Example: The roommates came from Boise, Idaho; Boulder, Colorado; Buffalo, New York; and Burnaby, British Columbia.

Vertical lists
Introduce items in a vertical list with numbers only when the order matters. Otherwise, use bullets or other typographical symbols. If items are numbered, a period follows each number, and each entry begins with a capital letter—whether or not the entry forms a complete sentence. Avoid putting long sentences or a string of sentences in list form; rather, set them as numbered paragraphs and indent only the first line.

If you are the first one to spot a fire:
1. Close your office door behind you.
2. Find and pull the nearest fire alarm.
3. Leave the building via the nearest stairwell.

This course has several graded projects:
a midterm test
a final exam
a team project
a research paper
a weekly log for analyzing your field work

If any or all of the items in a vertical list are complete sentences, punctuate all items in the list with periods. If no items are sentences, follow each with a comma and end the list with a period if the list completes a sentence, or omit punctuation at the end of each item, including the last one. (Be consistent within a document in how you treat similar types of lists.)

When you move to college for the first time, you usually
bring too many things for your dorm room,
forget a few essential items,
bring and forget many of the same things as your roommate, and
wish your parents would take off as soon as the family SUV is unpacked.

If the sentence introducing the list is a complete sentence, it can end in a period or a colon, whichever seems appropriate (following and as follows require a colon). If the introductory material is not a complete sentence, use the punctuation mark that’s appropriate for the context, whether that’s a comma, semicolon, dash, or nothing at all.

Use a line space, or partial line space, before and after all vertical lists.

Names and titles 

Degrees with Names
Use a comma between a person’s name and degree.
Example: Jan Teacher, M.A., now works as an administrator at a prestigious university.

Government Programs
Following the general rules of capitalization, full formal or accepted titles of plans, policies, laws, and similar documents or agreements, together with names of programs resulting from them, are usually capitalized. Incomplete names are lowercased.
Example: In connection with the Federal Privacy Act of 1974, Section 7 (b), when disclosure of the Social Security number . . .

Initials and Nicknames
Use periods and no space between initials, but no periods when the entire name is initials. Put nicknames in quote marks.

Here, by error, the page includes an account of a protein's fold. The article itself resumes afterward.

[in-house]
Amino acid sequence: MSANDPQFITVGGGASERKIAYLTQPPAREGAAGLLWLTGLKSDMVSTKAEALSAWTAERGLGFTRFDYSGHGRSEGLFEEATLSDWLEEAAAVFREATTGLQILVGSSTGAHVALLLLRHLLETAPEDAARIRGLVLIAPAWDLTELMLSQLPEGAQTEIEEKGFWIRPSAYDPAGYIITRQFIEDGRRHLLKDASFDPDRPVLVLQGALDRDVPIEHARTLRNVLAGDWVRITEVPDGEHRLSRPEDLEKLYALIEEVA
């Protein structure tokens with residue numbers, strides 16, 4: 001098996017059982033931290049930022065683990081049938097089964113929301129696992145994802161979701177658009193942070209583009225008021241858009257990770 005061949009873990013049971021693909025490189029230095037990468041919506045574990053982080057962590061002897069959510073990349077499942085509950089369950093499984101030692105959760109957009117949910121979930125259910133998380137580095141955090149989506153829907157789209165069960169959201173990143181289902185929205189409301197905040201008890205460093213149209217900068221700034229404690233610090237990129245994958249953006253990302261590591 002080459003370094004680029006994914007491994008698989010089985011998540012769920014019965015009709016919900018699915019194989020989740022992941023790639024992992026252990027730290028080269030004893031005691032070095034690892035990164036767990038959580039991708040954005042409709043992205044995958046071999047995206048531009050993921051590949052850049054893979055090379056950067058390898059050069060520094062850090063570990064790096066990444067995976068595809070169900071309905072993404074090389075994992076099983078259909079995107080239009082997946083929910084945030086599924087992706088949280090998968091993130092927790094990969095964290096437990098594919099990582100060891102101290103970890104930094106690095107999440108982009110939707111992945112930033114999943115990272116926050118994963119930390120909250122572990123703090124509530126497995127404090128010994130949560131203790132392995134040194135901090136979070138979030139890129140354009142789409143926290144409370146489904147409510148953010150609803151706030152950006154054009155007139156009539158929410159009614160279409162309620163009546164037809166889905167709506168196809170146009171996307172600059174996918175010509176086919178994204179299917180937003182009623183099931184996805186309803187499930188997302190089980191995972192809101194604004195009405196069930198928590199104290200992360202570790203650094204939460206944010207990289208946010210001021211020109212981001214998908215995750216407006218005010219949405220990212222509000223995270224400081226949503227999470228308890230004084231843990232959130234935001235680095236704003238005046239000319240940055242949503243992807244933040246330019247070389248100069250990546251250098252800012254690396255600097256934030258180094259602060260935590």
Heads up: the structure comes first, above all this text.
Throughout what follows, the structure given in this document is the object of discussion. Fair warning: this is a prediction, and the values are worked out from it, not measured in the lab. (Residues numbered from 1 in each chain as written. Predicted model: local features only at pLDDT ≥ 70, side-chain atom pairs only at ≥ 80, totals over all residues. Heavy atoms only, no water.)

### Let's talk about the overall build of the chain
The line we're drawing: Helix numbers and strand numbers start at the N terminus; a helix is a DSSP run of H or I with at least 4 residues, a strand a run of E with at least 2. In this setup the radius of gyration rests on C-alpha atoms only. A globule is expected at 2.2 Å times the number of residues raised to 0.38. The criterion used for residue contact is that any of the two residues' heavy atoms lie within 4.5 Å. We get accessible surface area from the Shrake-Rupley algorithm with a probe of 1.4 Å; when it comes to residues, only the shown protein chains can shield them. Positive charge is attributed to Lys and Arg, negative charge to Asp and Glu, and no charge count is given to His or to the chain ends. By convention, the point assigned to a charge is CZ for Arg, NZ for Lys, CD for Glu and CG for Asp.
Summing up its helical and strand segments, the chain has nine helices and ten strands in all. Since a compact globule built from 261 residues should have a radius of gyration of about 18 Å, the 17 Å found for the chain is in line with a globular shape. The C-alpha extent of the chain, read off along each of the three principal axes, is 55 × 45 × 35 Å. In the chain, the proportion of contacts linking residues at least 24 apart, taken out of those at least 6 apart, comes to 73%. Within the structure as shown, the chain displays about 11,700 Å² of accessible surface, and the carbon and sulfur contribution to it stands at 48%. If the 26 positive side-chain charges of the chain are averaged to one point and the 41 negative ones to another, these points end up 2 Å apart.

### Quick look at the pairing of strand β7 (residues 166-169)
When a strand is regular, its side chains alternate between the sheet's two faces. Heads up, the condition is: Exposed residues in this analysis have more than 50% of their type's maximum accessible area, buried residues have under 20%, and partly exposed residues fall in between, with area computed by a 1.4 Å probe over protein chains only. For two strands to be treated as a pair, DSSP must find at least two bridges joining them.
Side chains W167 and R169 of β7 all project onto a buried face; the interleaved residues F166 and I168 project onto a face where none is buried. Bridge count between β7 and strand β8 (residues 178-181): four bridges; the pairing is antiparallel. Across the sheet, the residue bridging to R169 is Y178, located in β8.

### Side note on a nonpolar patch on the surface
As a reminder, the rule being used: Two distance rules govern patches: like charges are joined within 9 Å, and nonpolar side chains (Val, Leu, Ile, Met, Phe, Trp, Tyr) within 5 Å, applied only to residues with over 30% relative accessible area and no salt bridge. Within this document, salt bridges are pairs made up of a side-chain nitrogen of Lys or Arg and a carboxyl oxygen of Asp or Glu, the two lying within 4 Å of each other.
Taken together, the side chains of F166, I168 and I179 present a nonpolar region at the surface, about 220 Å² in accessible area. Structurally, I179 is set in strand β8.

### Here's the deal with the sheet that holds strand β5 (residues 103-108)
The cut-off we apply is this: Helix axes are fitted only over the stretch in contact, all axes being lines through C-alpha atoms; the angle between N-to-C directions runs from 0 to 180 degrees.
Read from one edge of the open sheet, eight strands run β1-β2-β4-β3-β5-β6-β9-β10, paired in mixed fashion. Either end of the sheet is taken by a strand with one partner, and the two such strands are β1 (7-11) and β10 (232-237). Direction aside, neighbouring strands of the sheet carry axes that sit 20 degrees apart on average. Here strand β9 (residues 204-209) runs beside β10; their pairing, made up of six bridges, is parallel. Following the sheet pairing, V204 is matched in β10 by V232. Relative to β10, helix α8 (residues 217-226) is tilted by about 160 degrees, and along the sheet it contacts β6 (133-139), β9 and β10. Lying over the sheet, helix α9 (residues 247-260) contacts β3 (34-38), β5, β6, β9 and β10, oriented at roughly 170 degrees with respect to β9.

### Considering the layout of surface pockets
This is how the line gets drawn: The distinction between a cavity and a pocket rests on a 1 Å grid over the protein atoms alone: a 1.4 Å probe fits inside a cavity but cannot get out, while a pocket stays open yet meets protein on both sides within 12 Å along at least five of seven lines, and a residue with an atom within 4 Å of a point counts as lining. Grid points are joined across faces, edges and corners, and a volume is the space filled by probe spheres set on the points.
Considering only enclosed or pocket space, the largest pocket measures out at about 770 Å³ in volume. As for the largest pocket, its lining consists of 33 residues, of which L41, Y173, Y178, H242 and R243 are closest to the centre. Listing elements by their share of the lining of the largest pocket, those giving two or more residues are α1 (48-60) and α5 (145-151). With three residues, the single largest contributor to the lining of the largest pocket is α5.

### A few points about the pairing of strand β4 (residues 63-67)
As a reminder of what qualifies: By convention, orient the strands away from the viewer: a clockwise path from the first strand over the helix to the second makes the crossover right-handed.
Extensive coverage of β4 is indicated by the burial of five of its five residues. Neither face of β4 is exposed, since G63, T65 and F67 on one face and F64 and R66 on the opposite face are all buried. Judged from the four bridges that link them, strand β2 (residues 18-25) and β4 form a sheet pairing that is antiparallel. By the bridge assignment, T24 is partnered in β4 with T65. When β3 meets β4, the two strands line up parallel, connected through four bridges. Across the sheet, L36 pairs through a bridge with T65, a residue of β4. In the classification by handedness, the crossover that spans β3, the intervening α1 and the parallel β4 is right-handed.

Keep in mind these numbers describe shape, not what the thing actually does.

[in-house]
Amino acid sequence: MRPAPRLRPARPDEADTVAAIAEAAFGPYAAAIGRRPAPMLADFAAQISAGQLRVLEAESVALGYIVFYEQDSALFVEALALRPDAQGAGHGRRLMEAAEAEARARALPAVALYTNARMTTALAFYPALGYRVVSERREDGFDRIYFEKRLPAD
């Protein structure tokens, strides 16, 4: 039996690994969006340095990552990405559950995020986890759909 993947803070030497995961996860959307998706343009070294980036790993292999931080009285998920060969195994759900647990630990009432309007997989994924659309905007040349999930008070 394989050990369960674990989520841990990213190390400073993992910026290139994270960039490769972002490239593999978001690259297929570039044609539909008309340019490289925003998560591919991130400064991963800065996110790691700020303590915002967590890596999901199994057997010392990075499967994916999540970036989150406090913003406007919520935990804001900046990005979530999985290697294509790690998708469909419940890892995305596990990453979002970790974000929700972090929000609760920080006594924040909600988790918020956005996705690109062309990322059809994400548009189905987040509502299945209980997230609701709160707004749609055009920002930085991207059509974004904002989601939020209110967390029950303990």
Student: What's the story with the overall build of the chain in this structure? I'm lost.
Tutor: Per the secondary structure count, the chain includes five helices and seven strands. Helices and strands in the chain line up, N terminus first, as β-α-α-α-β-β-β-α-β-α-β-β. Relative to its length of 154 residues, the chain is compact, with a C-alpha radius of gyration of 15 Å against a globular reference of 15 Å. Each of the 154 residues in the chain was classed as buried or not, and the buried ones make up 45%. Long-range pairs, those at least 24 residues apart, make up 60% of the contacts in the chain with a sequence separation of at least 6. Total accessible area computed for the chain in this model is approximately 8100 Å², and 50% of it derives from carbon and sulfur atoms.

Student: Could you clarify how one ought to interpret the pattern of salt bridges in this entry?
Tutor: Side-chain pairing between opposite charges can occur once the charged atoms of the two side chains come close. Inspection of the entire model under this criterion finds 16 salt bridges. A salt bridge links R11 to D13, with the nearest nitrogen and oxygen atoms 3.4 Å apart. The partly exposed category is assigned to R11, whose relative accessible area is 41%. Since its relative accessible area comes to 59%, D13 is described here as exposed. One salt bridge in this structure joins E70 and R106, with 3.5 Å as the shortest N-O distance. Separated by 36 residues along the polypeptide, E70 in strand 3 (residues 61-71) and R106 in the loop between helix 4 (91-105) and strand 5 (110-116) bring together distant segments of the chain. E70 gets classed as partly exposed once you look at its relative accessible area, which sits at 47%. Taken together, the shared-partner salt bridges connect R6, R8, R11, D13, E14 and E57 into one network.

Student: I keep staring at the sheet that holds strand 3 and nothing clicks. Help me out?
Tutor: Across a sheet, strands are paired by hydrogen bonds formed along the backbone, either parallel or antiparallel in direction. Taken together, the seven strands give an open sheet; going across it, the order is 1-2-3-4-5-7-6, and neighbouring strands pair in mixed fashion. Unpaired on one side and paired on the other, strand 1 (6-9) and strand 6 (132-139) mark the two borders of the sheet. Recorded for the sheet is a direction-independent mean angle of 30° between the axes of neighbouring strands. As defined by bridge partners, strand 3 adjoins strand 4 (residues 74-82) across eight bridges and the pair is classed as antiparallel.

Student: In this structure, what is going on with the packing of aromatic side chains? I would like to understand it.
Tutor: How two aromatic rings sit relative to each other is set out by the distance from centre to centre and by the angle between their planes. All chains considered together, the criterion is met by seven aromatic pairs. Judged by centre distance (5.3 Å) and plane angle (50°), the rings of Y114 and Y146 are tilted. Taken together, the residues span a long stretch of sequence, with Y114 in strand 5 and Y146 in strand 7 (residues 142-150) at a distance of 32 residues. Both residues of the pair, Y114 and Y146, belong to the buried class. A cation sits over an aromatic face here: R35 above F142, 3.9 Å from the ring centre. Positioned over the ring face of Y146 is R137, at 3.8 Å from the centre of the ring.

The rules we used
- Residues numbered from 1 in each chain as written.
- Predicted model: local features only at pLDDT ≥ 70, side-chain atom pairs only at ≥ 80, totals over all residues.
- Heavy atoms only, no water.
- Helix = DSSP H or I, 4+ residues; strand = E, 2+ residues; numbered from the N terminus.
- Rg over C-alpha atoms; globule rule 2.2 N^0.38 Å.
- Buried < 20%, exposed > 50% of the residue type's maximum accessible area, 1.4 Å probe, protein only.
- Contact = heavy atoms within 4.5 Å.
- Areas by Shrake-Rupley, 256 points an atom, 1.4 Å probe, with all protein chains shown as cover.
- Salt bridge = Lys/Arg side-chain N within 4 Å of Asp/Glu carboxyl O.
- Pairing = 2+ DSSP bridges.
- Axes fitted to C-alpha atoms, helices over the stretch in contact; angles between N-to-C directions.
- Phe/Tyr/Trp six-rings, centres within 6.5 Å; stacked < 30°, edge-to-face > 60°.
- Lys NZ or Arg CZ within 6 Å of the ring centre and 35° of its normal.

Example: G.P. “Bud” Peterson presented the strategic plan to the Board of Regents.
Franklin Delano Roosevelt, often referred to as FDR, is the only U.S. president to have served more than two terms.

Mr. and Mrs.
Do not use courtesy titles before names.

Names with Job Titles
Capitalize formal titles before the name; Lowercase and set off with commas after a name. When a person has a very long title, put the title after the name to avoid clumsy syntax and too much capitalization. Use either Dr. or Professor in front of the name, not “Professor Dr. Bob Smith” to avoid redundancy.
Example: Assistant Professor Jane Smith met with the committee Tuesday.
Example: Dr. Jane Smith, assistant professor, met with the committee Tuesday.
Example: Troy Jones, special assistant to the president and director of special university projects, will take charge of the project.

Names with Suffixes
Omit commas before and after Jr., Sr., and the designations I, II, III, and IV. A possible exception: If you know that a person uses a comma and insists on its use, include it; personal names are a personal matter.
Example: Fred Jones Jr. was introduced by Cedric Waltham III.

Publications, Presentations, and Reports
Apply the guidelines listed here to book titles, computer game titles (but not software titles), movie titles, opera titles, play titles, poem titles, song titles, television program titles, and the titles of lectures, speeches and works of art.
Capitalize the principal words, including prepositions and conjunctions of four or more letters.
Capitalize an article — the, a, an — or words of fewer than four letters if it is the first or last word in a title.
Put quotation marks around the names of all such words except the Bible and books that are primarily catalogs of reference material (almanacs, catalogs, directories, dictionaries, encyclopedias, gazetteers, handbooks and similar publications). Do not italicize or underline.
Translate a foreign title into English unless the work is known to the American public by its foreign name.

Magazine titles: Capitalize the name but do not place it in quotes and do not italicize. Lowercase magazine unless it is part of the publication's formal title: Harper's Magazine, Newsweek magazine; Time magazine. Check the masthead if in doubt.
Newspaper titles: Capitalize the in newspaper names if that is the way the publication prefers to be known. Lowercase the before newspaper names if a story mentions several papers, some of which use the as part of the name and some do not. Where location is needed but is not part of the official name, use parentheses: The Huntsville (Ala.) Times. Do not italicize, underline, or place in quotes.

Numbers

In General
The following guidelines apply to writing for external audiences and may not be applicable to scientific, statistical, technical and mathematical writing.